The term stellar evolution refers to a star's changing stellar structure over its own lifetimes including how long each general phase lasts. The term is generally used to refer to how individual stars live and die rather than to the differences between stars born at different periods, the latter of which might be expected from the term "evolution". Stellar evolution models of main sequence stars take into account the change in the constituents of stars as fusion reduces the hydrogen, i.e., gradually changing stellar structure models. Essentially, they work through stellar structure at a given time, take into account the composition and structure changes-over-time that the workings of the model star imply, work out the resulting structure after some time-step, and repeat.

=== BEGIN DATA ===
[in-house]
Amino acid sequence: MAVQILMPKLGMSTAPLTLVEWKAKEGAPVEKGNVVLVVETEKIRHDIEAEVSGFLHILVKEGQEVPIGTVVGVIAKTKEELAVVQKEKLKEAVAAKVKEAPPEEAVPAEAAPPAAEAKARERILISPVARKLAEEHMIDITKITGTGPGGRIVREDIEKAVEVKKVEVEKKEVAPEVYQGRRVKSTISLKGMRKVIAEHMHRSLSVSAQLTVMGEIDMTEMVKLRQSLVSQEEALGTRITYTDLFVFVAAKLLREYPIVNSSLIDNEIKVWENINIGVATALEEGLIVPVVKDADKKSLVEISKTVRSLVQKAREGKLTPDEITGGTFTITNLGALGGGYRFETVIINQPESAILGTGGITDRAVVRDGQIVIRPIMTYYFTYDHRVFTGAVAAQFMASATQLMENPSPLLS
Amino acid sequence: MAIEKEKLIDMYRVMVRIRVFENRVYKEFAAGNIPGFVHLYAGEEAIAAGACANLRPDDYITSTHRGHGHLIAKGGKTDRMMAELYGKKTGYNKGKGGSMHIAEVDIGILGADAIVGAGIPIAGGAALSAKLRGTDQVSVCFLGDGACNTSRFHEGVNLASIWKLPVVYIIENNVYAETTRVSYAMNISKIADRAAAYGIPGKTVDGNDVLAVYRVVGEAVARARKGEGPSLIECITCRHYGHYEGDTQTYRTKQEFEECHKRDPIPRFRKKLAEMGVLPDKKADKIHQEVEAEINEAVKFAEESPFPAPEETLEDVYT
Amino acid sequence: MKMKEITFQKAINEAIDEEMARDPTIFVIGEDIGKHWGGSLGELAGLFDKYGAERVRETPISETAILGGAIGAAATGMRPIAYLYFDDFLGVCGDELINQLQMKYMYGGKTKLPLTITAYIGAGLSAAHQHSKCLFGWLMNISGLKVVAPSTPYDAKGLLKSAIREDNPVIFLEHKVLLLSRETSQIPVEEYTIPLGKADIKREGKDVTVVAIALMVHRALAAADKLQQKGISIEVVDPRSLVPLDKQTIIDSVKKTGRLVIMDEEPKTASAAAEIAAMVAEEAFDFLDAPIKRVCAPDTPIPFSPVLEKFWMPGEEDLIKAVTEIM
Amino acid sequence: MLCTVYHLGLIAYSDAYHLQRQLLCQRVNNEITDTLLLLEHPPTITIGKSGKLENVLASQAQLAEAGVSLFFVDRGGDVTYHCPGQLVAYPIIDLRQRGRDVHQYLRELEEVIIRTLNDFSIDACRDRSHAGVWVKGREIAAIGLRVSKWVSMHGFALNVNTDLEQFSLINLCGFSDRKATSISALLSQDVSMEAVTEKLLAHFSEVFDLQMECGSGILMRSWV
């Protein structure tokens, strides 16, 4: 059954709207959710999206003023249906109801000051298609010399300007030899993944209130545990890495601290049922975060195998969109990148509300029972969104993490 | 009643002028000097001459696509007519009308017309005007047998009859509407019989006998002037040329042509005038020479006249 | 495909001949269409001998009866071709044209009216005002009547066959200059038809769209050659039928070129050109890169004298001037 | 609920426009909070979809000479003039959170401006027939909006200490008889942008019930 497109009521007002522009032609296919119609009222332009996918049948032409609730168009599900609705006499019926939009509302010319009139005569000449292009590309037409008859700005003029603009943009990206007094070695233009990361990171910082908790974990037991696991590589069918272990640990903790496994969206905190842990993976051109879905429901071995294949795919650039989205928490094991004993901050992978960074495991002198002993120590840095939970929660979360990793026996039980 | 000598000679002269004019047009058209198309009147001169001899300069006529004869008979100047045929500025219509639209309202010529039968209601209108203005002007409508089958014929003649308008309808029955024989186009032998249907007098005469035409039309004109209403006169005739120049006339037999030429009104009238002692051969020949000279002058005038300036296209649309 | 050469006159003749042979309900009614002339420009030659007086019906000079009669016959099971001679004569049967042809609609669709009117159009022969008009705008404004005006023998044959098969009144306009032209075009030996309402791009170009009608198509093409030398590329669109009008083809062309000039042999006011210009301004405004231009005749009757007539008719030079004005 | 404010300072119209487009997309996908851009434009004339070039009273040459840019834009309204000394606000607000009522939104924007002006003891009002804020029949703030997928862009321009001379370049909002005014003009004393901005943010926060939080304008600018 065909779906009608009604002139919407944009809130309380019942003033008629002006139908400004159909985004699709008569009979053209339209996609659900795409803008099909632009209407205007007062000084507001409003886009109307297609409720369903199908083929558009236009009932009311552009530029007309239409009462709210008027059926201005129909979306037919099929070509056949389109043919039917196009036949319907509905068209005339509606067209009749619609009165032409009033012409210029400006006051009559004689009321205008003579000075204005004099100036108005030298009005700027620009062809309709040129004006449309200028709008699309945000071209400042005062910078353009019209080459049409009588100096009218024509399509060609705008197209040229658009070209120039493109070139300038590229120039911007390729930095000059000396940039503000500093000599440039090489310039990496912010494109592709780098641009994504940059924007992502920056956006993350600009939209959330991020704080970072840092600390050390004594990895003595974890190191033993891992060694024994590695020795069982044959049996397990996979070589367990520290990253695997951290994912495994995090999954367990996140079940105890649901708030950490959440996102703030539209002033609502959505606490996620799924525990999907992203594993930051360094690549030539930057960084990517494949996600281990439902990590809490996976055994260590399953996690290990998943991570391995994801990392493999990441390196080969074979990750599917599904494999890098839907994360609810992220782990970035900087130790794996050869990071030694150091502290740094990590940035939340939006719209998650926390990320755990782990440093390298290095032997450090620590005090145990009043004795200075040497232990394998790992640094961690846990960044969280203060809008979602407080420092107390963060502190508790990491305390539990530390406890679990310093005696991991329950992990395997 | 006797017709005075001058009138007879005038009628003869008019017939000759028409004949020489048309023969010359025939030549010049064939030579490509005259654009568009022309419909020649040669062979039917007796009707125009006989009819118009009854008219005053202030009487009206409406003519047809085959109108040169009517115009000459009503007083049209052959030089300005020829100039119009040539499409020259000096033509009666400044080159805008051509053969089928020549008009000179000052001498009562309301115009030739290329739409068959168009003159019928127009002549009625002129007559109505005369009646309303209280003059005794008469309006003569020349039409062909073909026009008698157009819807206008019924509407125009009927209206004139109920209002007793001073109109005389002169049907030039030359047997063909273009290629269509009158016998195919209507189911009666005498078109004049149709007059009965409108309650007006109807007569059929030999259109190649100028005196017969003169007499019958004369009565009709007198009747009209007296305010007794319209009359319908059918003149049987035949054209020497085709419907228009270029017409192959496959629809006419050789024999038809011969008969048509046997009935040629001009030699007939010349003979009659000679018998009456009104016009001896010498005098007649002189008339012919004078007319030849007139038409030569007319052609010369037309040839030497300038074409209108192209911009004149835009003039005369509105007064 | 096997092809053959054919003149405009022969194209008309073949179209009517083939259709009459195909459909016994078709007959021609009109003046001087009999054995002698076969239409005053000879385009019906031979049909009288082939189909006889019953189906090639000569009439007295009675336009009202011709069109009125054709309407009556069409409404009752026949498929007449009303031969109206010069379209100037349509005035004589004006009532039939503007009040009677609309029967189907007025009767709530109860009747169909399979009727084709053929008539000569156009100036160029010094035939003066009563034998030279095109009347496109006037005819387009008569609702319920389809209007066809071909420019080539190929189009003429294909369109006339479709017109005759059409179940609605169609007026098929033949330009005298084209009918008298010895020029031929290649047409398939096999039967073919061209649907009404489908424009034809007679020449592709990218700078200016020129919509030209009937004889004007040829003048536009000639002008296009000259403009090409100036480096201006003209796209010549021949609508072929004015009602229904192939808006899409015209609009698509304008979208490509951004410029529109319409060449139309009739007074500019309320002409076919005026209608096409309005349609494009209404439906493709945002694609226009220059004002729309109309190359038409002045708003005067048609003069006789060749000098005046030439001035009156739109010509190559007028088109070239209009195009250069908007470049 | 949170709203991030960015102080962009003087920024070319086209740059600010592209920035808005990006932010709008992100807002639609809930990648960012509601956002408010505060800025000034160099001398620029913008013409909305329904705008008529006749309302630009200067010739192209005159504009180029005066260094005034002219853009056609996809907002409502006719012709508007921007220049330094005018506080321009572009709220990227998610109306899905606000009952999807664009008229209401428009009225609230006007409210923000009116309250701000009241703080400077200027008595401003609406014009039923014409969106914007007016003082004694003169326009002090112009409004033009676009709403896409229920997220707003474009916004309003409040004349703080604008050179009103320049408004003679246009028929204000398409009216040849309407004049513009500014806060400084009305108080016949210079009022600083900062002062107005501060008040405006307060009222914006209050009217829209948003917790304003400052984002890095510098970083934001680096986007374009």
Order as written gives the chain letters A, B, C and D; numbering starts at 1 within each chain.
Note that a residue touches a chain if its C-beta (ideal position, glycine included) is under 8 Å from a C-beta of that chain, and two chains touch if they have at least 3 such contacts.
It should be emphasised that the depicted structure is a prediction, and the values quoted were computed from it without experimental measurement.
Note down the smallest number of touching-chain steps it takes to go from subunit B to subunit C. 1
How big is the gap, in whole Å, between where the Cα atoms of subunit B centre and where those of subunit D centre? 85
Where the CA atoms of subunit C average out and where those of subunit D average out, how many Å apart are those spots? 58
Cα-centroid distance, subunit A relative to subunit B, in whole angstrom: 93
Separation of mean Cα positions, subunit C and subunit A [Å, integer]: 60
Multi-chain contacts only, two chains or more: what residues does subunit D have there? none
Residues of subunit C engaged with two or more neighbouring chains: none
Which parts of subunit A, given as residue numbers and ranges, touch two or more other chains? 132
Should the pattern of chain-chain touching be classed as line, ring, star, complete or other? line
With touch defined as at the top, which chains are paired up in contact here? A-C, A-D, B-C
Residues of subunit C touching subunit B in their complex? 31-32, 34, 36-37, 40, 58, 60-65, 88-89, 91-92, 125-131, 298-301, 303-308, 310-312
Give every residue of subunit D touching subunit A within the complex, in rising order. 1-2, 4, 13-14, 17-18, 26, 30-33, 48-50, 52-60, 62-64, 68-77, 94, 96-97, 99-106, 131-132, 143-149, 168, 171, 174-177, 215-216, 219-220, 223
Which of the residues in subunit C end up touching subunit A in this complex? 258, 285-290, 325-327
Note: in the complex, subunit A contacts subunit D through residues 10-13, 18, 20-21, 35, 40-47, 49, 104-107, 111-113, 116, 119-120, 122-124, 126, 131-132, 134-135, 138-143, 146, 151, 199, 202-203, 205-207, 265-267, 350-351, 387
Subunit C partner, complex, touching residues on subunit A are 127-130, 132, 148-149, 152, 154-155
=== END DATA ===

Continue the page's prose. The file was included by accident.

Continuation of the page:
Such models can be checked somewhat through star counts and the resulting H-R diagrams, to identify the counts of stars in different phases and see if the counts are consistent with the stellar evolution models and what's known of the galaxy's star formation.
Among the general phases in the life of a main sequence star according to well-established models:
Among the factors that have to be taken into account when modeling are the changing composition due to fusion, mass, diffusion, settling due to gravity, mixing/homogenization (e.g., due to convection), the affects of stellar rotation, mass gain and loss (e.g., accretion and stellar wind), interactions among binary stars.